Donald Gross

ORSA President, 1989

Donald Gross was the 38th President of ORSA He was Distinguished Research Professor of Operations Research and Engineering at George Mason University from 1995 until his retirement. From 1965 to 1995, he was on the faculty of The George Washington University, retiring as Professor Emeritus in June 1995. Prior to joining academia, he served as a First Lieutenant, U.S. Army Signal Corps, from 1962-63 and was an Operations Research Analyst at the Atlantic Refining Company from 1961-65.

At George Washington University he was Chairman of the Operations Research Department (1977-88). He served as Program Director of the Operations Research and Production Systems program of the National Science Foundation while on a leave of absence during 1988-90. He also served as Acting Dean of the School of Engineering and Applied Science from 1990-91 and Associate Vice President for Research and Graduate Studies for the University from 1991-93. He was a consultant to the Institute for Defense Analyses, Research Analysis Corporation, and various agencies of the U.S. Government.

His areas of expertise are queueing theory and discrete event simulation and his areas of application interest are telecommunications traffic, air traffic control, and repairable item inventory control. He is co-author of the text Fundamentals of Queueing Theory now in its 4th edition. He also published numerous articles in the professional literature.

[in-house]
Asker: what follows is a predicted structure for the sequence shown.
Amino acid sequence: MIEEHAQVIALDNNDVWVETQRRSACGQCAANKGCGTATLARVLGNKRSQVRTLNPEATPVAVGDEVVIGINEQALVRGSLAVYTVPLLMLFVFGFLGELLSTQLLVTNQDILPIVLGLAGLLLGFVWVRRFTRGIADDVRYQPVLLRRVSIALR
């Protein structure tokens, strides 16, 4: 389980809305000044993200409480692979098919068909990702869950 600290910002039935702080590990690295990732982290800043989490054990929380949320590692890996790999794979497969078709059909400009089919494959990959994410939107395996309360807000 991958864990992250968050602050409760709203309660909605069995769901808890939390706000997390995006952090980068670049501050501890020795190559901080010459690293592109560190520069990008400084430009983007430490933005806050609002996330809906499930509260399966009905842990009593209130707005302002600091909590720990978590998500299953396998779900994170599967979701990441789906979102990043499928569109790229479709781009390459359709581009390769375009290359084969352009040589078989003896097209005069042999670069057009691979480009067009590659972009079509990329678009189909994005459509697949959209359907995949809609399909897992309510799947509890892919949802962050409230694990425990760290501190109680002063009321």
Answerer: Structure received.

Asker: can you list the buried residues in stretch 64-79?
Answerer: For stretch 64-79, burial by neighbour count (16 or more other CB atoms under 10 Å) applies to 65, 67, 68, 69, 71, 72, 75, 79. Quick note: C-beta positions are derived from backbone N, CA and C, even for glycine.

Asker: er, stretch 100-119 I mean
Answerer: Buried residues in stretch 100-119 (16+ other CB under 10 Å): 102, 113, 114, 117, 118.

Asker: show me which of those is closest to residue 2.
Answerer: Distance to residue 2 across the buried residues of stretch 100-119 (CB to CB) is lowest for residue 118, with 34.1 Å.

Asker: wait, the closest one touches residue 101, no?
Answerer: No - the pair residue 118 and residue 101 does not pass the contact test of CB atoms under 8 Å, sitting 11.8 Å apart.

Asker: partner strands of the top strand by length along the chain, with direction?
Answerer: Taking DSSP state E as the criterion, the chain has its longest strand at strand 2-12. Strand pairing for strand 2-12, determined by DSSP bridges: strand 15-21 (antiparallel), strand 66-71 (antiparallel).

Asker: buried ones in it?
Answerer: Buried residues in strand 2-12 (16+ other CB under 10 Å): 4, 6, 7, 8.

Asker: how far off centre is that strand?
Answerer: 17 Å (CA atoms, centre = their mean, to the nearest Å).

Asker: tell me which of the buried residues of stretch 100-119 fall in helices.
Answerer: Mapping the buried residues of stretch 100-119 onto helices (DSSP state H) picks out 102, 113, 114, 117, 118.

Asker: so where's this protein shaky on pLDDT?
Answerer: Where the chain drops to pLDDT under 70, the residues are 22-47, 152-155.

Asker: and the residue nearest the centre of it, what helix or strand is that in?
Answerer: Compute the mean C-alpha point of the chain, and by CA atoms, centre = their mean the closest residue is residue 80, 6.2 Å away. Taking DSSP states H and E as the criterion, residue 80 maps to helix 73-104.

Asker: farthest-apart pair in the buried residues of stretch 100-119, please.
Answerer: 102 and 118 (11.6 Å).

While President of ORSA he was involved in an effort of bringing O.R., math and science to the high school and middle school levels. He and Bill King, then President of TIMS, set up the Little Committee to look into merging the 2 societies, an effort that led to the creation of INFORMS in 1995. He was active in the Washington OR Council (now WINFORMS), which led to his appointment as General Chair of the fall 1980 joint ORSA/TIMS national meeting. The General Chair position led to his becoming a member of the joint ORSA/TIMS meetings committee, ORSA Council, and eventually President. He was also a member of the INFORMS Council. He is Fellow of INFORMS. He was awarded the Kimball Medal in 1996.

BS (mechanical engineering), 1956, Carnegie-Mellon; MS (operations research) and PhD (operations research), 1959, Cornell.